What do Mahatma Gandhi and Ray Kinsella, the character played by Kevin Costner in Field of Dreams, have in common? One man is real, of great historical significance, and influenced people around the world. The other is a fictional character who hears “a voice,” builds a baseball field in the middle of his farm in a film which is described as fantasy-drama.
Gandhi stood firm in his conviction that the British would leave India, Ray Kinsella followed his instincts and did something that seemed crazy. We all know people who have achieved great things that have nothing to do with being famous or wealthy.
From everyday heroes to world leaders the thing they have in common is that they were not only brave enough to have a dream, they believed in it, they followed it, they inspired people, and they made it happen. I’m sure that even Gandhi had a restless night or two and felt doubt creep in between his head and the pillow, but when morning arrived he was true to his beliefs and didn’t waiver in his pursuits.
On a much smaller and maybe more practical scale, what they do is what I like to think of as creating their own reality, which for me means choosing to look at things in a positive way and not from a negative perspective. If the thoughts that are constantly going through our minds are things such as:
- Why is life so hard?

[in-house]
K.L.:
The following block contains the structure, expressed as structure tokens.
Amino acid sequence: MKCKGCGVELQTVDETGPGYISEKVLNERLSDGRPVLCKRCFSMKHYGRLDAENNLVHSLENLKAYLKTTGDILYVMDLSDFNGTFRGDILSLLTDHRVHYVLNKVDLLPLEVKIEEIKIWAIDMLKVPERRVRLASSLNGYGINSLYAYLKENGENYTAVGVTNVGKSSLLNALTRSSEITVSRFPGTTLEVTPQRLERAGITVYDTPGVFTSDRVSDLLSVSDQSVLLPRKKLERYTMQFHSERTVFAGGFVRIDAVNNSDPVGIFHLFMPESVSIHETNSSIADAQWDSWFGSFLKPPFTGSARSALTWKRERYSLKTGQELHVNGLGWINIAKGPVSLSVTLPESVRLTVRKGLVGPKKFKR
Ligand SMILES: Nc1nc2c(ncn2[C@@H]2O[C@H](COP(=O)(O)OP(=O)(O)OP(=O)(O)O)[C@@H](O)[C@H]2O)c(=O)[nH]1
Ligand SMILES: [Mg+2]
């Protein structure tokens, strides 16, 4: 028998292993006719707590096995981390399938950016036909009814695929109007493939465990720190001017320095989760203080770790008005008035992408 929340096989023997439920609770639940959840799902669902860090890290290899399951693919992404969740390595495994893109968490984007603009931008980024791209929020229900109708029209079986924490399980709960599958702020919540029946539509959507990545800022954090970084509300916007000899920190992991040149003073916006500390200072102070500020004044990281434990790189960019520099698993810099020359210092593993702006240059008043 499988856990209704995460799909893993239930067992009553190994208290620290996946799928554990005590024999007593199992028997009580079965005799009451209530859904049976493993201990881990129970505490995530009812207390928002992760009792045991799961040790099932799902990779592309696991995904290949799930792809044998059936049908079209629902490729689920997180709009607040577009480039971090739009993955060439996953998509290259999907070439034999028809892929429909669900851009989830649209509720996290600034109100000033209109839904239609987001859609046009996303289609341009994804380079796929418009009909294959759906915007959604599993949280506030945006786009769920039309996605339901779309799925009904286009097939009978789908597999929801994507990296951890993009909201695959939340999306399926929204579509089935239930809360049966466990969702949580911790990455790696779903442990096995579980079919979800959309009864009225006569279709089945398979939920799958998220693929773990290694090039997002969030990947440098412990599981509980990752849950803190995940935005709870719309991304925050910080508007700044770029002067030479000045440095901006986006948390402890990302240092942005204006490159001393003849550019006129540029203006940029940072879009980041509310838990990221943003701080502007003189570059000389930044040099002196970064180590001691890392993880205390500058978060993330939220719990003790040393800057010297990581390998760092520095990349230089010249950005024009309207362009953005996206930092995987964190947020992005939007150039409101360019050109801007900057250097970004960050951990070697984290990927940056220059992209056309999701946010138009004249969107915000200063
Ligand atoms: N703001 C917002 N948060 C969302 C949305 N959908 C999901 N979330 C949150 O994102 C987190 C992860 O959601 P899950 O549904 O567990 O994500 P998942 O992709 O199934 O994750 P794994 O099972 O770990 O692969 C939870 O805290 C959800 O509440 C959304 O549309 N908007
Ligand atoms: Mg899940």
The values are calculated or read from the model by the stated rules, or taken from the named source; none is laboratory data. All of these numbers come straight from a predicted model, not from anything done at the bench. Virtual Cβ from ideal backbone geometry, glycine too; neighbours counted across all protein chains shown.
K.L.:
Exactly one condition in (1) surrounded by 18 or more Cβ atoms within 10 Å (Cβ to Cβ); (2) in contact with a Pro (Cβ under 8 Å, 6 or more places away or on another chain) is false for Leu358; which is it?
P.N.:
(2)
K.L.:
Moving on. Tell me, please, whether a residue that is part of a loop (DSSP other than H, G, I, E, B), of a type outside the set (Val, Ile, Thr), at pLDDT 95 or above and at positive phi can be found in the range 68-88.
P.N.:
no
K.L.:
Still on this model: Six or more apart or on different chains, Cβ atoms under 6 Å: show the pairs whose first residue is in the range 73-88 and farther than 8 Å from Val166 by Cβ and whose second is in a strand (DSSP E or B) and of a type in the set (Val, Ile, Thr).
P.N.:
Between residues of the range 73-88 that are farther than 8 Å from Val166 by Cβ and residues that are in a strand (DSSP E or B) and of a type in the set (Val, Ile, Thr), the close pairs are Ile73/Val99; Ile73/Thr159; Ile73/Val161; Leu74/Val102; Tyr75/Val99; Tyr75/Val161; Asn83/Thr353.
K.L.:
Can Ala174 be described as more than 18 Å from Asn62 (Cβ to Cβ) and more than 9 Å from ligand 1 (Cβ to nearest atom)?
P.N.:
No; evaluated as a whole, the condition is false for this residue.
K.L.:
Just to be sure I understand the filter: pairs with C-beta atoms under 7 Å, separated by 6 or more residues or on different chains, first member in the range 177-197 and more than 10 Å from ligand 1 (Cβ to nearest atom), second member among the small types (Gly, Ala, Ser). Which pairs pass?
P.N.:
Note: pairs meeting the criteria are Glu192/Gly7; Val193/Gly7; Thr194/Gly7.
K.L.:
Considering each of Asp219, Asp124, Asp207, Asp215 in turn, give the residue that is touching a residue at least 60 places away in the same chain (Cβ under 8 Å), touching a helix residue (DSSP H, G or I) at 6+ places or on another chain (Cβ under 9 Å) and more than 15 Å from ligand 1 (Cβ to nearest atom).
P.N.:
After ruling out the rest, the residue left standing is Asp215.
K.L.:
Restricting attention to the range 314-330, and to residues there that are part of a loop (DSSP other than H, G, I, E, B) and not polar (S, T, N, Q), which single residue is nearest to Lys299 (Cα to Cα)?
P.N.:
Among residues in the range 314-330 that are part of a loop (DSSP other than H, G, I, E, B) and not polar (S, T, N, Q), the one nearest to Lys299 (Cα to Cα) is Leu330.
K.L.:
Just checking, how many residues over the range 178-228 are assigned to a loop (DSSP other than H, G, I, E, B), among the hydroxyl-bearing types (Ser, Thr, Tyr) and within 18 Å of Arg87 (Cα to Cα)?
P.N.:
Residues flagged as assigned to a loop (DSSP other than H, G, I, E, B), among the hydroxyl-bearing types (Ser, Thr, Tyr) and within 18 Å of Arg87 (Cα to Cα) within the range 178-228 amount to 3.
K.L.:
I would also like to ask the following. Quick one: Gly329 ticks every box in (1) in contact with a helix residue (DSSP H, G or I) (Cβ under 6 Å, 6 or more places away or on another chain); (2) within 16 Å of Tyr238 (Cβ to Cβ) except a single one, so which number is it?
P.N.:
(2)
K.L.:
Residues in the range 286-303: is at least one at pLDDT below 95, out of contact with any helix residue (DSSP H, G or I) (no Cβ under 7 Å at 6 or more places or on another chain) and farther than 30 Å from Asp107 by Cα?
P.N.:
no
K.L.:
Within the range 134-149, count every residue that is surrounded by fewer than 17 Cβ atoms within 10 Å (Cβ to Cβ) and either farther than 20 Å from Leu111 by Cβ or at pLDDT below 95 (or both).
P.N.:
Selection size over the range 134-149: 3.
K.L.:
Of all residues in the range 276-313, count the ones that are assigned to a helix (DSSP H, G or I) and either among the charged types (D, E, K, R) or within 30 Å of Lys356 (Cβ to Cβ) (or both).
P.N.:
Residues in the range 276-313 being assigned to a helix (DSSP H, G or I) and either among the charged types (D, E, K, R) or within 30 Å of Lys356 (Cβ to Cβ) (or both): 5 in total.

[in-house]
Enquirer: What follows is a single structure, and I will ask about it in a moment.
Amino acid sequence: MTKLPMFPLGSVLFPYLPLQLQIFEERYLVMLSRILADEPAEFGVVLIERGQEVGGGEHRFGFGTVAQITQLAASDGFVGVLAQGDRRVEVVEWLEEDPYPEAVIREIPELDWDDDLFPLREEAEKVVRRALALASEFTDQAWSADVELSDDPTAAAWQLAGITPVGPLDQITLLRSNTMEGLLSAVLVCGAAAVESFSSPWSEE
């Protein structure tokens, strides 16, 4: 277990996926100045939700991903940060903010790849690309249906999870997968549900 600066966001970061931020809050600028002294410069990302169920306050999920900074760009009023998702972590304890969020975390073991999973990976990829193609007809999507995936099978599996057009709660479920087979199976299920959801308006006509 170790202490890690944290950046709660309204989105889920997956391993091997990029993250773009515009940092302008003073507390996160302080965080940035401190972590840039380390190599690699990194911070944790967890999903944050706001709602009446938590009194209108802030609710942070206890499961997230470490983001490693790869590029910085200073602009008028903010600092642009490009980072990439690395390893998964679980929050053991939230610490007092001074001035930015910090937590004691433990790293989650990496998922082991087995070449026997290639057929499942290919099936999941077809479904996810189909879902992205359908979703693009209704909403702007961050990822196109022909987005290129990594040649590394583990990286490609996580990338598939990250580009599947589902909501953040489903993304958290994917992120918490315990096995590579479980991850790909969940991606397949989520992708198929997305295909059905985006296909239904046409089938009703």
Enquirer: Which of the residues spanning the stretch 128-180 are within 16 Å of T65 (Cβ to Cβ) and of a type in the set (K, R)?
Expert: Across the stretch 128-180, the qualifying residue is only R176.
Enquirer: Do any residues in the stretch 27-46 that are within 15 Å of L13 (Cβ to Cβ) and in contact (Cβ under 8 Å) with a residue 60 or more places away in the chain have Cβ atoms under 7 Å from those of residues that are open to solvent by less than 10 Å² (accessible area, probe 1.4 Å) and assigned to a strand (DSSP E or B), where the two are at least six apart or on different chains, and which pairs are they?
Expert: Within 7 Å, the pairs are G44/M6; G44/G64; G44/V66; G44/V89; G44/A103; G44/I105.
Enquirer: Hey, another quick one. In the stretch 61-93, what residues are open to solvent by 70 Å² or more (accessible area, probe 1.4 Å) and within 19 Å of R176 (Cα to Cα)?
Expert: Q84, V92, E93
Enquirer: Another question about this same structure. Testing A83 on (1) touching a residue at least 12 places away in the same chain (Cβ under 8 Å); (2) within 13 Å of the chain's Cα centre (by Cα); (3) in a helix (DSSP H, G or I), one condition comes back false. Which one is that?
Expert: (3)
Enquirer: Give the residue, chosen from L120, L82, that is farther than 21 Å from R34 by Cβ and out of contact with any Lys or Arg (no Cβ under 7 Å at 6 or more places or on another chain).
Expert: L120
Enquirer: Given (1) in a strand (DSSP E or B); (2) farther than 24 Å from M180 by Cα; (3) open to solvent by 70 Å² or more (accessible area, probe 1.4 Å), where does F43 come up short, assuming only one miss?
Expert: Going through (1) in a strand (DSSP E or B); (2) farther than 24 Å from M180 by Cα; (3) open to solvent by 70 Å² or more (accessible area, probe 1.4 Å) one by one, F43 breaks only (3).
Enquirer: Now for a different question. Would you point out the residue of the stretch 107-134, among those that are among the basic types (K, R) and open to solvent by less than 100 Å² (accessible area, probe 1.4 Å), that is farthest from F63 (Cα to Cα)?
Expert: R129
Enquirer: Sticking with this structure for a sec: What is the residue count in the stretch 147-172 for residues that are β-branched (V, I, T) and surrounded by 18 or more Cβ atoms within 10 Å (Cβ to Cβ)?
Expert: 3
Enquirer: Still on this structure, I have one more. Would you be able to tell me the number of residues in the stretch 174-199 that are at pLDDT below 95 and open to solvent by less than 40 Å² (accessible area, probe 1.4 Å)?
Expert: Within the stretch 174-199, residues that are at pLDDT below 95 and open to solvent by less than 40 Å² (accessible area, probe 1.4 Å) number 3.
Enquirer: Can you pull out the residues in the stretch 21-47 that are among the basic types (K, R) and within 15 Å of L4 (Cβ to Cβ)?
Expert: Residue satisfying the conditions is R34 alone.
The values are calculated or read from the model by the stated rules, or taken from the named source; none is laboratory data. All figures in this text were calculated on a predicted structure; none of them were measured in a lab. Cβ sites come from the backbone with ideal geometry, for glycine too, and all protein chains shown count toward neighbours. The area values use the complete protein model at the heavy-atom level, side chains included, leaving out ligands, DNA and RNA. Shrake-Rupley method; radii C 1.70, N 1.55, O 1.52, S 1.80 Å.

- Why do “these things” always happen to me?
- I’ll never get ahead”
- If only “this” hadn’t happened…
You get the gist. We all know people who are all doom and gloom and on the one hand it maybe seems understandable because they have a lot of bad or difficult things going on in their life. But on the other hand maybe they are creating their own reality.
I actually started experiencing the power of words and how they affect our reality many years ago. I was working at a job in which I was very unhappy, felt overlooked and under-appreciated. I was “hoping for the best” and sitting back and doing nothing to proactively better my situation.
My passwords rotated every 90 days between things like “life sucks,” “my boss is an ass,” and worse. One day I noticed that every time I signed onto my computer using one of these passwords I immediately went into a negative state, even if something positive had just happened.
I’m not sure what prompted it, but I decided to try something new and I changed my password to “new opportunity.” Believe it or not things started to change. I started getting emails from recruiters, which led to interviews. Internally things seemed different as well. People were listening to me and doors were opening.
From that point on I’ve used what I call “the power of the password” to help me create my own reality. It’s gotten more difficult in the age of special characters, capital letters and numbers but I still find a way to keep my passwords focused on the direction I want my life to go and not on what’s wrong with it.
My point isn’t so much about the power of using a positive password as it is about how we create our own reality through our thoughts and the messages we send ourselves throughout the day.
I wonder what people like Mahatma Gandhi did to help them stay positive and focused on their dreams and not on the obstacles in their path. In the end it doesn’t matter what we use to do so, as long as it works for us.
Negative thoughts create a negative reality and positive thoughts create hope and opportunity.
Author’s note: I stole the introductory paragraphs for this post from one I wrote a couple of years ago, they just seemed to fit. 🙂 If you want to read the rest of the post, you’ll find it here.